P.S. Belated Happy Valentine's Day. Busy-Mom-E got me a remote-controlled car! (Big Brother got a remote-controlled car for his birthday, and informed us that I needed one too so that we could "race together," and Mom-E obliged. How sweet.) What I won't admit to *ahem* (clearing throat) *ahem* is that I would've been excited about the RC car even in the absence of Big Brother's request. They say that the way to a man's heart is through his stomach. This is partially true (as Busy-Mom-E's sous-chef, I'll sing the praises of her culinary abilities, as well as her ability to reform picky eaters), but the way also goes through children's toys. Let's face it, the chance to play with toys and relive part of childhood is one of the big perks of fatherhood. I, for one, don't play with my boys' toys after they go to bed, no, never *ahem* *ahem* (fingers crossed behind back while knocking on wood). Now, how to go about getting a Wii for Father's day?

Rate this post (1 is lowest, 5 is highest)
5 free polls

Wednesday, February 11, 2009

Baby Baby Baby

Since my last two posts have been about new family members, let me just preface by saying that Busy-Mom-E and I are NOT expecting a third child (at this time). :)

Rather, in an attempt to be as fair and equitable as possible with our boys, this post is all about Little Brother. Despite less verbal output than Big Brother, he is still quite the communicator, and with this communication comes good fun and humor.

If I had to decide today, I would predict that Little Brother is going to be a veterinarian someday. He absolutely LOVES animals. Every time he sees our dog (or any animal for that matter), his face lights up with a smile and a shriek of excitement that rivals the reception he gives Dad-E or Mom-E when we get home from work.

And so, one of Little Brother's first signs was "puppy." From there, he quickly started trying to say the word "puppy", except that it came out "baby" (which he pronounces bay-bee, with the syllables very long and drawn out.)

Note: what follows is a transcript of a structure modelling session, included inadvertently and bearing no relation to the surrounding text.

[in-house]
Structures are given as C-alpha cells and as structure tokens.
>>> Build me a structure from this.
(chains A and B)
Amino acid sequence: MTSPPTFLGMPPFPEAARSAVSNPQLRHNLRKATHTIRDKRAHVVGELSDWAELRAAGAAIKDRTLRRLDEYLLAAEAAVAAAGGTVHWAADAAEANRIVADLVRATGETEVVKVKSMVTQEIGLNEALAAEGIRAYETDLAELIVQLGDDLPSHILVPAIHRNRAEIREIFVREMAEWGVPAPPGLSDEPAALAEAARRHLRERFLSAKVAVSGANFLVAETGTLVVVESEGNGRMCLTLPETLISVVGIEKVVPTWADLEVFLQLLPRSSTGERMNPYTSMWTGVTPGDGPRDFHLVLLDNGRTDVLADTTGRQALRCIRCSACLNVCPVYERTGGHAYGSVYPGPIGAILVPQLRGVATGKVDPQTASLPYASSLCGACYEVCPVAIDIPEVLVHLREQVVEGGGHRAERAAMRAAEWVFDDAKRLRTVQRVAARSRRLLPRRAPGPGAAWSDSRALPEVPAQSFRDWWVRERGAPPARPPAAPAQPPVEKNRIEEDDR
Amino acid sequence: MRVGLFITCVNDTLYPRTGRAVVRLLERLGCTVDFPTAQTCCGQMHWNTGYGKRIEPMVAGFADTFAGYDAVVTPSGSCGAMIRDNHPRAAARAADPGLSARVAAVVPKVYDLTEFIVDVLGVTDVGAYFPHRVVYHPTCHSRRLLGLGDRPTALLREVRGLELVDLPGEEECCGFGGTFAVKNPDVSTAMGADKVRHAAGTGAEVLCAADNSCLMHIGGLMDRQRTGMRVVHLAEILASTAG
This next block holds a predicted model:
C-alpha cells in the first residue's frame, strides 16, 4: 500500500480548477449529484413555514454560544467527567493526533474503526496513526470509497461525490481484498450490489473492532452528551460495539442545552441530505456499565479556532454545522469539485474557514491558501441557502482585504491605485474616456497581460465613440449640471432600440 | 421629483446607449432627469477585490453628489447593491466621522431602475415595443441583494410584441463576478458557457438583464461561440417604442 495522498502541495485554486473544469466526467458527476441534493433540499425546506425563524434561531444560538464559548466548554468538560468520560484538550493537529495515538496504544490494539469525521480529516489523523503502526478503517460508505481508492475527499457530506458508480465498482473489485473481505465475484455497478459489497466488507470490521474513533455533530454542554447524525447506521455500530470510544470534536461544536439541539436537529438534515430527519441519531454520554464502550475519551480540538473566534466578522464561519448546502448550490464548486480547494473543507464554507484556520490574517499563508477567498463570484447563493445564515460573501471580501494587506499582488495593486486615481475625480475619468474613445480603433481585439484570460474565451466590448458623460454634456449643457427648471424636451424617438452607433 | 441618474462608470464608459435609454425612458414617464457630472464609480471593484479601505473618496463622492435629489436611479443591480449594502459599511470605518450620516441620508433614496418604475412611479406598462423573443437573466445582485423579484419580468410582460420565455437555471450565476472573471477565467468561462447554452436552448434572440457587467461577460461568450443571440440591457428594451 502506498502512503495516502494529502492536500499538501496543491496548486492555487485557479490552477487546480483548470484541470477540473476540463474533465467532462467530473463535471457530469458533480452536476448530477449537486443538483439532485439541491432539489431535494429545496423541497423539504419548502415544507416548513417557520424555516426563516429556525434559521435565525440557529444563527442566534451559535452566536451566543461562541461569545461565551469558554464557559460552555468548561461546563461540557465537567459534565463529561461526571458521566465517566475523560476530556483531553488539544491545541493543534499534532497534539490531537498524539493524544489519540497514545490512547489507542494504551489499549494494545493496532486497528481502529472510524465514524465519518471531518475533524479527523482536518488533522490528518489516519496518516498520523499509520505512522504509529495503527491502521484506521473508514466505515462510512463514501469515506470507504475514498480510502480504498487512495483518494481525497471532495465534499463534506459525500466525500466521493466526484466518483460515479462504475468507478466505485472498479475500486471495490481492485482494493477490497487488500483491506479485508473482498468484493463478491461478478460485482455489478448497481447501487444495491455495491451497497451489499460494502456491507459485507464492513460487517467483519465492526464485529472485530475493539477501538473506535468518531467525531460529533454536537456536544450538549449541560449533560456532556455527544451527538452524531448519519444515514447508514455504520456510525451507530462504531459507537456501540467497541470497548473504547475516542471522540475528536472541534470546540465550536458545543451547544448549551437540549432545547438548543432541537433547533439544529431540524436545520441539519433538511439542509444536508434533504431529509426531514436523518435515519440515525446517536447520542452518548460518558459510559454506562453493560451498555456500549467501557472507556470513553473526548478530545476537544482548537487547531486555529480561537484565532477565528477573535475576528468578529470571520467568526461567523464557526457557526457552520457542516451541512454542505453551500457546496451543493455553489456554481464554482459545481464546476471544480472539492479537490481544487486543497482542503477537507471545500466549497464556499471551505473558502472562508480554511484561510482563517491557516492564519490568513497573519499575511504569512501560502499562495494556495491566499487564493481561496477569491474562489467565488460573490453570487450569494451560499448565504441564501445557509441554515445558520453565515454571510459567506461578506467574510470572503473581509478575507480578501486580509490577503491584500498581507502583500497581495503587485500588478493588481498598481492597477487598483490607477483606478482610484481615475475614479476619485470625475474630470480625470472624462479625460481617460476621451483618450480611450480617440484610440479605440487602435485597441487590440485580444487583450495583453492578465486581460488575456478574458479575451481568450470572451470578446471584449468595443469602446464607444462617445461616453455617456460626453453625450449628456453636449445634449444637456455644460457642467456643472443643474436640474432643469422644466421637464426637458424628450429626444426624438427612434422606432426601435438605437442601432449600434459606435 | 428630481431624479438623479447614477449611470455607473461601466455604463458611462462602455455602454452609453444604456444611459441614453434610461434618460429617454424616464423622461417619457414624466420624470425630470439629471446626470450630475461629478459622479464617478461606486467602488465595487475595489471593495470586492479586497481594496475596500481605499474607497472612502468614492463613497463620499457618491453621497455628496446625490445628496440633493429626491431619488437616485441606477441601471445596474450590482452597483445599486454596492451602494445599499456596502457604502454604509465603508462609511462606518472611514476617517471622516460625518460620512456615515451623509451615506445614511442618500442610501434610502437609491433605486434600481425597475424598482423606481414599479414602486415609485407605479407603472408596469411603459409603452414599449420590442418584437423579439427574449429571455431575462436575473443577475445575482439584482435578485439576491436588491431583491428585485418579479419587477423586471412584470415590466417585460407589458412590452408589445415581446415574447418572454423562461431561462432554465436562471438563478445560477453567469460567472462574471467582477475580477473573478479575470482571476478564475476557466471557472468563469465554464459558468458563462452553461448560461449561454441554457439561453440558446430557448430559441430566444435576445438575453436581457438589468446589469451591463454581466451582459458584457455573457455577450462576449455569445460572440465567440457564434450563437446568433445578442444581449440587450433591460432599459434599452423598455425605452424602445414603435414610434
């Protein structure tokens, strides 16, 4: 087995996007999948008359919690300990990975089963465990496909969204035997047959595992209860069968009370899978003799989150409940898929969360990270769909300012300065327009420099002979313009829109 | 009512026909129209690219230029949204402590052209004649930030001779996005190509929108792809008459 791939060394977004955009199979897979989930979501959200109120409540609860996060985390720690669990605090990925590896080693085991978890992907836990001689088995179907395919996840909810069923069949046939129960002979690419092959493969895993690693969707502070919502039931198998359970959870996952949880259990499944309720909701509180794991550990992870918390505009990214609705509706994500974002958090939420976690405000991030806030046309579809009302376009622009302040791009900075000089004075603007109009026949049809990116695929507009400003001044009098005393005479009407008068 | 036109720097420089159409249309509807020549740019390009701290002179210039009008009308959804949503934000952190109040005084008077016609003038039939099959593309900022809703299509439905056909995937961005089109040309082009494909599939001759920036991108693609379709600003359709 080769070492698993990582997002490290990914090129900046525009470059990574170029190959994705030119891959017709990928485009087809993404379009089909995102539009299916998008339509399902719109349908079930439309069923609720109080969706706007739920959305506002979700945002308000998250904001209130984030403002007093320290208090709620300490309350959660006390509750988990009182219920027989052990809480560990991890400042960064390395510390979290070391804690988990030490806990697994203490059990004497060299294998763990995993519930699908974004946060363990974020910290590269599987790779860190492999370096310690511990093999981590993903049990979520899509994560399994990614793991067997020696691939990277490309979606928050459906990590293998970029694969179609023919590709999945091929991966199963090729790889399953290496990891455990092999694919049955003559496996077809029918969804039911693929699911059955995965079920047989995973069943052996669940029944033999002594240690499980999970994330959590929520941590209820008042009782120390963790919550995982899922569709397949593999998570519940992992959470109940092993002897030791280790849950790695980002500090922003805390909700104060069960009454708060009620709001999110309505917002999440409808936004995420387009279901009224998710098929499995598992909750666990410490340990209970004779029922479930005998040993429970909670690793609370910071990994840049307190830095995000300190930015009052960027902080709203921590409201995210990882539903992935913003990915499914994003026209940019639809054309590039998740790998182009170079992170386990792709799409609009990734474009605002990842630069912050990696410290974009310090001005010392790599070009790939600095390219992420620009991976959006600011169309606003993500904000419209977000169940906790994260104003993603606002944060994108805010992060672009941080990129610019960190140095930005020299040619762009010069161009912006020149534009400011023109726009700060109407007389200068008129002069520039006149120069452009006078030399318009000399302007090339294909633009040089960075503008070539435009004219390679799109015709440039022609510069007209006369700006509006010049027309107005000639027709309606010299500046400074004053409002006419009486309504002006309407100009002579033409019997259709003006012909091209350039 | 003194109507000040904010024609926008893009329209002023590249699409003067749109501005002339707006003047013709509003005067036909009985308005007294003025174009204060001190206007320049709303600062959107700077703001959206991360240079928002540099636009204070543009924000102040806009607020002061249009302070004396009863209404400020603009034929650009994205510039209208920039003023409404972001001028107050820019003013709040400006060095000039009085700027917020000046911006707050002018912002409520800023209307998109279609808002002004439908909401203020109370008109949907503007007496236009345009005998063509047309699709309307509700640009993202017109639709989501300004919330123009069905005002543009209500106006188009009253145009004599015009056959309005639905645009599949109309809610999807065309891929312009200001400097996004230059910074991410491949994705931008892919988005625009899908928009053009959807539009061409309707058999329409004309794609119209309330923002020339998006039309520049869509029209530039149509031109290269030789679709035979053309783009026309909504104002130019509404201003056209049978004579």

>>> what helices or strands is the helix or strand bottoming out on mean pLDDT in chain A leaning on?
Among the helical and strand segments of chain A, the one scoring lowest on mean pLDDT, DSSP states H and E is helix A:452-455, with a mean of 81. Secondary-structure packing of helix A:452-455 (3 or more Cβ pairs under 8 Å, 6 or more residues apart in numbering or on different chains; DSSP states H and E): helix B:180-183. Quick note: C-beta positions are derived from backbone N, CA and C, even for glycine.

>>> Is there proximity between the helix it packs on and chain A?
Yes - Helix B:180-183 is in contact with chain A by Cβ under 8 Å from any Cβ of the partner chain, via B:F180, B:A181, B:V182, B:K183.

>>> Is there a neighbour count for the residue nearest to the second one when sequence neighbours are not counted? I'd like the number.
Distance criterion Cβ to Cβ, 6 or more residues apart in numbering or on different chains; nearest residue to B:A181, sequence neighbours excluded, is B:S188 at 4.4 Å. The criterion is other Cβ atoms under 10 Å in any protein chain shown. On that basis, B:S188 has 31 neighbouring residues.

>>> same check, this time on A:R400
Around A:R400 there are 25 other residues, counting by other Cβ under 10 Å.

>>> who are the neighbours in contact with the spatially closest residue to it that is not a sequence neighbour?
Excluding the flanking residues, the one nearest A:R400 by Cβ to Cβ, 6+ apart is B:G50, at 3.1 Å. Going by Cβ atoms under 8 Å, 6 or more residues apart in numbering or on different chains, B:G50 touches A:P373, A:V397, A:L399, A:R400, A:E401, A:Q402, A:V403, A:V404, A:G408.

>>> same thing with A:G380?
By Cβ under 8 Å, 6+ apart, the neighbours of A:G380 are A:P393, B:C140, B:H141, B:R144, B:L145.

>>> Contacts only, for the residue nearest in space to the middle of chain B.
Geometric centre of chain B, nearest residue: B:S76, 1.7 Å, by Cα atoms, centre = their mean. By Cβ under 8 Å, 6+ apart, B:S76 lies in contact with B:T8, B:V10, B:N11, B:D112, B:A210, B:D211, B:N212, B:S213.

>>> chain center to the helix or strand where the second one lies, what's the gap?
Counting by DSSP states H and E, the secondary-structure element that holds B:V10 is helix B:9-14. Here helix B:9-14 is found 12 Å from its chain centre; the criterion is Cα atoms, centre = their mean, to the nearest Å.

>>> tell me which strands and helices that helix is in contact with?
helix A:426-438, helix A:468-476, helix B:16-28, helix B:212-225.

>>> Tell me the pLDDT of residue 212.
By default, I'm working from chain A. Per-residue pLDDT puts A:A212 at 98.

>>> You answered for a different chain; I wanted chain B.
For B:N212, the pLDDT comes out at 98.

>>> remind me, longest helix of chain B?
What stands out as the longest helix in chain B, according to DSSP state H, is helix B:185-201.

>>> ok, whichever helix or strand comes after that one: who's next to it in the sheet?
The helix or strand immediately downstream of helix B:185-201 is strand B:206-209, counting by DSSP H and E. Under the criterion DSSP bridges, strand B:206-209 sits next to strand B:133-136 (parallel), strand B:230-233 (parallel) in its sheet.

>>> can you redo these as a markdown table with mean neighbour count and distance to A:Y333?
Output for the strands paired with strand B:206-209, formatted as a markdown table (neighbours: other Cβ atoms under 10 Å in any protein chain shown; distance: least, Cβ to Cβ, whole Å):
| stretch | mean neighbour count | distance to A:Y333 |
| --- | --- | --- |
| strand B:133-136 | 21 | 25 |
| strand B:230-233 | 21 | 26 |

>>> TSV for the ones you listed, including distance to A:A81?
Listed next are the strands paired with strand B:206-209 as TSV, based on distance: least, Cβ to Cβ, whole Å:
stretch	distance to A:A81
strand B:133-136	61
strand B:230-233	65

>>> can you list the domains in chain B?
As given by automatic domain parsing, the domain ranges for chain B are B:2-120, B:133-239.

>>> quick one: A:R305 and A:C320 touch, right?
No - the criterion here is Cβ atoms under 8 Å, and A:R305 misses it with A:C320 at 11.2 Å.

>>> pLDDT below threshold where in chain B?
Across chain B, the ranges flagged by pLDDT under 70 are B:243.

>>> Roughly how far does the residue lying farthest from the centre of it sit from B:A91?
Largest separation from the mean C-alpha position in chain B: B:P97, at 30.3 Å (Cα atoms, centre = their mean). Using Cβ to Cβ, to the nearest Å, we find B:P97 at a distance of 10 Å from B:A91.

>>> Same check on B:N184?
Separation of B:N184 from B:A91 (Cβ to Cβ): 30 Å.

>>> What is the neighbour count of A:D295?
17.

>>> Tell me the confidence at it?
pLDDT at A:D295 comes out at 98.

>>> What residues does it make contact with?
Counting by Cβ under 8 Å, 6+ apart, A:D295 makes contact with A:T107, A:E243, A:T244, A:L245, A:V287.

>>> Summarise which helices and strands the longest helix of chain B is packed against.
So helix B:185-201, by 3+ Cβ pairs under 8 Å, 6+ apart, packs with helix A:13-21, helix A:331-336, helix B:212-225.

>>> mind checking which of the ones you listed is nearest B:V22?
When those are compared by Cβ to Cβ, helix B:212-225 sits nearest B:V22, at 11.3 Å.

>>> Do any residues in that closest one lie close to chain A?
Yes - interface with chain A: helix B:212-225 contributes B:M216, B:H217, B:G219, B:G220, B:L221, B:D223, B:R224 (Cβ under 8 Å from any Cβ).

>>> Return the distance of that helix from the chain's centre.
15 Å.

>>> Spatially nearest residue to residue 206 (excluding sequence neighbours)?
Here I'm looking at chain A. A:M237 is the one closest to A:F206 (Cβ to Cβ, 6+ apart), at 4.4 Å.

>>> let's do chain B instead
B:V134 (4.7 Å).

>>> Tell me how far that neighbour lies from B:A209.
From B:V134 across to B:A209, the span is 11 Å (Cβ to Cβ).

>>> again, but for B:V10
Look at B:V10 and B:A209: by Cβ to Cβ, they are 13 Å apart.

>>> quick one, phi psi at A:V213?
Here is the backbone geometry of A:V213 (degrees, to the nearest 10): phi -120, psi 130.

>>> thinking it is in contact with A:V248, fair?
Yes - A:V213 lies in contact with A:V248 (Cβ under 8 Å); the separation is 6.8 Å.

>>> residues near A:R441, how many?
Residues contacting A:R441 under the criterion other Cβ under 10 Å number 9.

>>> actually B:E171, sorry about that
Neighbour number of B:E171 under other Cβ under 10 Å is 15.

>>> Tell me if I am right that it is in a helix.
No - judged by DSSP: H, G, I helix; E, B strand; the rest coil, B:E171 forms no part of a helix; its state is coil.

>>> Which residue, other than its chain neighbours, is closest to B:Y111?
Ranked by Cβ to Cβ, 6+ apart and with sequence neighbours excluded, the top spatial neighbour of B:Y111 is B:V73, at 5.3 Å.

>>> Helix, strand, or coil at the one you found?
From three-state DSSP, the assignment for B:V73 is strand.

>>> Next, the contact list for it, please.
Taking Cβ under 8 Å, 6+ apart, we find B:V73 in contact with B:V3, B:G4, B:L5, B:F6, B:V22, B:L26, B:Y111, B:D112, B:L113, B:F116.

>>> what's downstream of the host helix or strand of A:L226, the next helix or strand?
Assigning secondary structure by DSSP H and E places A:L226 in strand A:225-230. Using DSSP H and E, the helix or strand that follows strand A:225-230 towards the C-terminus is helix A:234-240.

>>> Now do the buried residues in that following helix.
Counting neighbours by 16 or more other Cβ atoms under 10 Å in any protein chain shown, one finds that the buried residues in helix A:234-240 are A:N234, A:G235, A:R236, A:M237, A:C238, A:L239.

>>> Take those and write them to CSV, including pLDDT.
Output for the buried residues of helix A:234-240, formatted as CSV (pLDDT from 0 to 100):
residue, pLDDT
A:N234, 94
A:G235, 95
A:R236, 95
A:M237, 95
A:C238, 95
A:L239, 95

Well, it didn't take long for the word "baby" to catch on. Every time he sees the dog, he makes the puppy sign and says "baby" (about three times "baby, baby, baby" with a finger point). Then, he got a stuffed dog (the same color and breed as our real dog), which was quickly named "baby." He carries this "baby" EVERYWHERE. "Baby" has been through the laundry so many times to decontaminate from food stains, spit-up, and being dragged on the floor (at home and in public), that he is starting to get a little ragged.

So, we had the idea of getting a second "baby" that we could interchange when the first "baby" was dirty and needed washing. The idea being that the two stuffed dogs would have equal wear and last longer. That plan backfired the first time Little Brother saw that there were actually two "babies", and he wanted to snuggle with both simultaneously.

Now, we've seen expansion of the word "baby" to refer to other (generally soft and plush) things. Blankets, other stuffed animals, and yes even "fur" from the fabric store are "babies." Whenever he sees a "baby", he often spontaneously looses all muscle tone and collapses to the floor to snuggle with it. This works well on most occasions, except for the time that a "baby" was on the kitchen floor and he bonked his forehead on the linoleum when he fell into a heap on top of it. Still, he has not been deterred.

And, of course, we don't want to forget "real babies." While visiting Little Nephew at the hospital, Little Brother was quick to point out and refer by name to all of the babies in the nursery with fervent excitement.